Magazine article The CPA Journal

What You Need to Know about New FASB Pronouncements That Target Business Combinations and Goodwill

Magazine article The CPA Journal

What You Need to Know about New FASB Pronouncements That Target Business Combinations and Goodwill

Article excerpt

News & Views

Goodwill should be assigned to the reporting units that benefit from the factors that give rise to the goodwill.

Two recent FASB pronouncements will profoundly affect how companies account for business combinations, goodwill, and other acquired intangible assets. SFAS 141, Business Combinations, requires that entities account for all combinations initiated after June 30, 2001, using only the purchase method. SFAS 142, Goodwill and Other Intangibles, eliminates the amortization of goodwill and requires annual impairment testing of goodwill using a complex two-- step, fair value method.

SFAS 142 must be adopted in fiscal years beginning after December 15, 2001, as of the beginning of the year. Companies with fiscal years beginning after March 15,2001, may adopt the standard early if they have not yet issued their first-quarter financial statements.

Dealing with Intangibles

Among other requirements, entities must now identify and account for intangible assets acquired in a business combination apart from goodwill if the intangible assets arise from either contractual or other legal rights or are separable. Intangibles must be reported at fair value. Where fair values are determined using present value techniques, estimates of future cash flows should incorporate marketplace assumptions.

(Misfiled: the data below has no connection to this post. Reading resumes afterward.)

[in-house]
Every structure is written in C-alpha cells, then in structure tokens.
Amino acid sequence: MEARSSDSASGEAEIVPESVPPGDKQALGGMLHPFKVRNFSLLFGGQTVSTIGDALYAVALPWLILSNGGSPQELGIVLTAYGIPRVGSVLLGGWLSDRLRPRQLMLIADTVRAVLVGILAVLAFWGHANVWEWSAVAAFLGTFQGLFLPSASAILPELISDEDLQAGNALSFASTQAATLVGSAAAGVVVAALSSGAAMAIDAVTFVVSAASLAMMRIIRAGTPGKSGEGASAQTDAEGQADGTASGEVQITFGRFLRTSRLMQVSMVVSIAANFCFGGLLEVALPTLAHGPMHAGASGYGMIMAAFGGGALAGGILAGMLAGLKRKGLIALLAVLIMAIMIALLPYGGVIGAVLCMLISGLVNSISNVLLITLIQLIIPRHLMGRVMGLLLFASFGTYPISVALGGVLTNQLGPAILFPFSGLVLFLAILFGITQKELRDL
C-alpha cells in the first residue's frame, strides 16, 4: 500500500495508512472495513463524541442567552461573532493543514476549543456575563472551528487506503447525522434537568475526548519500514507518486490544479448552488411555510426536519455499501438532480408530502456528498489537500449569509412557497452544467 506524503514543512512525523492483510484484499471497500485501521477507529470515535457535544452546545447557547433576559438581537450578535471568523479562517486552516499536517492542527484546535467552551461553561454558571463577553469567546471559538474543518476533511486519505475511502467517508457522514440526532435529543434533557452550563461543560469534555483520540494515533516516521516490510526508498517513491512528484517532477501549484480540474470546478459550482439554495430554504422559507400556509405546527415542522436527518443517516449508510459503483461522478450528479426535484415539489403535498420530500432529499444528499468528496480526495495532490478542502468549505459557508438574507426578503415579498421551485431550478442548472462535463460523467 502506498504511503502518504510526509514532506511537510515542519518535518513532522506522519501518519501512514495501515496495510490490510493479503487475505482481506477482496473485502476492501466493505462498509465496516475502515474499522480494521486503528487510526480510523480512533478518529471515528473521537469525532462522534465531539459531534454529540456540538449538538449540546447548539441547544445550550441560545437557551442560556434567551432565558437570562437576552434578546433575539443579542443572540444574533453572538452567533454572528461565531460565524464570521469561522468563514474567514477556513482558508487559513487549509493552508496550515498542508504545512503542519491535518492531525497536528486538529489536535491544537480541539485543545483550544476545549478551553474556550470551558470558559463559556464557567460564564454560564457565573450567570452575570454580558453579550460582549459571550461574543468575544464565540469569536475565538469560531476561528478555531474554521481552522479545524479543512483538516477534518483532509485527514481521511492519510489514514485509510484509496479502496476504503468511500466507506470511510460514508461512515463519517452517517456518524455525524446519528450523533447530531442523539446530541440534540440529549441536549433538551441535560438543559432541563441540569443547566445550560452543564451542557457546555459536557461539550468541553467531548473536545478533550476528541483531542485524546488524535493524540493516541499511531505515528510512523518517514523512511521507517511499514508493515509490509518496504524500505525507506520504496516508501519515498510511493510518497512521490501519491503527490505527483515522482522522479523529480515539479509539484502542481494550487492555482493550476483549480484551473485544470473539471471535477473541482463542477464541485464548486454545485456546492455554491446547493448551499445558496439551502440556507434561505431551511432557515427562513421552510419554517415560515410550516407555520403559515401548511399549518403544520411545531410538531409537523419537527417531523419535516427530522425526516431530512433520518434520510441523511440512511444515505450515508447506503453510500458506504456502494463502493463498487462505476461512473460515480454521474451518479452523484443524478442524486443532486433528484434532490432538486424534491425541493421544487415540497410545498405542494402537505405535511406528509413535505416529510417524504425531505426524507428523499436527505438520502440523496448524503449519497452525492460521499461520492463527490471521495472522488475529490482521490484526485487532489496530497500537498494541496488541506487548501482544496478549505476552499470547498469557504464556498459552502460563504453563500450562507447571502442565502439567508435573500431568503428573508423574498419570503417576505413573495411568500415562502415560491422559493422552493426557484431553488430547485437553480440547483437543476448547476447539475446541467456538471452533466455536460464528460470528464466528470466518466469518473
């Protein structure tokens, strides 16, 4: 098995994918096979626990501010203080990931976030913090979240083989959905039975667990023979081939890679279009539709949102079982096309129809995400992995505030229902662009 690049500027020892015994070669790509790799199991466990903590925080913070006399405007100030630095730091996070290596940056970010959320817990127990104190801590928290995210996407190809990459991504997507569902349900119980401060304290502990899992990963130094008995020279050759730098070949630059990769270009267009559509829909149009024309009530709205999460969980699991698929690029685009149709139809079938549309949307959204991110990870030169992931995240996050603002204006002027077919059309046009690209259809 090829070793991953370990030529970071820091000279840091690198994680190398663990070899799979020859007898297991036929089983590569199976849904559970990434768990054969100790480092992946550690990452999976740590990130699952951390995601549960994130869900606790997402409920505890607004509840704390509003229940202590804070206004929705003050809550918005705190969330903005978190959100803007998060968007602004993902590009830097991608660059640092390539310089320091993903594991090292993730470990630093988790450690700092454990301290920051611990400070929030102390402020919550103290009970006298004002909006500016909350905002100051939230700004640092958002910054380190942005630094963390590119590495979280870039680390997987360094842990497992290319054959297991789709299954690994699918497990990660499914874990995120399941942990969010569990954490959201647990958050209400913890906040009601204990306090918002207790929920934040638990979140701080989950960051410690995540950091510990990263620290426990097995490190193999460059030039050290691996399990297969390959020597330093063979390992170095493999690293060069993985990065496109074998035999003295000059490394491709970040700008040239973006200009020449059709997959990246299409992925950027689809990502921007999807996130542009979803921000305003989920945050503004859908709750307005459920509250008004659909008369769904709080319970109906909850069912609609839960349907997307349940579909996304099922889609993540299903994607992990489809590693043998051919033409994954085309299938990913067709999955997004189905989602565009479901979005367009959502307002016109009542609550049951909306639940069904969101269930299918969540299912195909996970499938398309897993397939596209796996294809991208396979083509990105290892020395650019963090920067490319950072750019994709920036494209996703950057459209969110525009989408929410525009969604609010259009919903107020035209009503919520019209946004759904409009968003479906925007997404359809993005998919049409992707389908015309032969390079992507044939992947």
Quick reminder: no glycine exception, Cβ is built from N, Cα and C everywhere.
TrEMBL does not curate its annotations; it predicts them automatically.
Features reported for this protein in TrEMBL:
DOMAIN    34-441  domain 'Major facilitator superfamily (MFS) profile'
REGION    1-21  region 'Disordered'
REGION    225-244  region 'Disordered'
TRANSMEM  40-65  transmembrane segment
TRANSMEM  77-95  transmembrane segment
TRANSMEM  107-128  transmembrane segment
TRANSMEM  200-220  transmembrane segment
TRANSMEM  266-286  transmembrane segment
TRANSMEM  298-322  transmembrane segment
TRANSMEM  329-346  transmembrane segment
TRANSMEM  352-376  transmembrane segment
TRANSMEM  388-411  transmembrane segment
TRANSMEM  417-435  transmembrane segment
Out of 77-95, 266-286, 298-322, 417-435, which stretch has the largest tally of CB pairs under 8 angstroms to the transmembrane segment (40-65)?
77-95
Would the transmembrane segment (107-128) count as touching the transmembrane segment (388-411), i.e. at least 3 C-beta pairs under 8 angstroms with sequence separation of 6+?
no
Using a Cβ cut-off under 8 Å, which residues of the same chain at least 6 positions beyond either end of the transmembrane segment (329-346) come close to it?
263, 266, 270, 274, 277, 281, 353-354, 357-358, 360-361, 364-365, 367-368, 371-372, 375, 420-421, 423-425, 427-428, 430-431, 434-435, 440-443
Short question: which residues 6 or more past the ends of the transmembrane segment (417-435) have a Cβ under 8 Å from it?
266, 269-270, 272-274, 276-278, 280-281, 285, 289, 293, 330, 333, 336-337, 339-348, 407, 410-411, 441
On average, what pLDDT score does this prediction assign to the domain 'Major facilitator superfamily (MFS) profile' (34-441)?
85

"As a first step, management should identify all intangible assets acquired in prior business combinations, and evaluate them to determine if they may be recognized apart from goodwill under the provisions of SFAS 141," advises Eric W. Casey, a partner with KPMG's department of professional practice. "If not, they should be folded into goodwill as of the date SFAS 142 is adopted? Casey adds that the remaining useful lives of all intangible assets should be evaluated as of the date SFAS 142 is adopted.

"Intangible assets with estimable useful lives should continue to be amortized over their respective remaining useful lives, with adjustments made as appropriate." says Casey. "Meanwhile, companies must discontinue amortizing those intangible assets acquired prior to June 30, 2001, that are determined to have indefinite useful lives as of the SFAS 142 adoption date, and test them for impairment within the first quarter after adoption. Any impairment losses on these intangible assets should be recognized within the first quarter of adoption, as a cumulative effect of a change in accounting principle.Valuations must be as of the date of adoption."

Impairment Issues

Another impact of the new statements is that a company will test goodwill for impairment at the new reporting unit level, not the acquisition specific level. …

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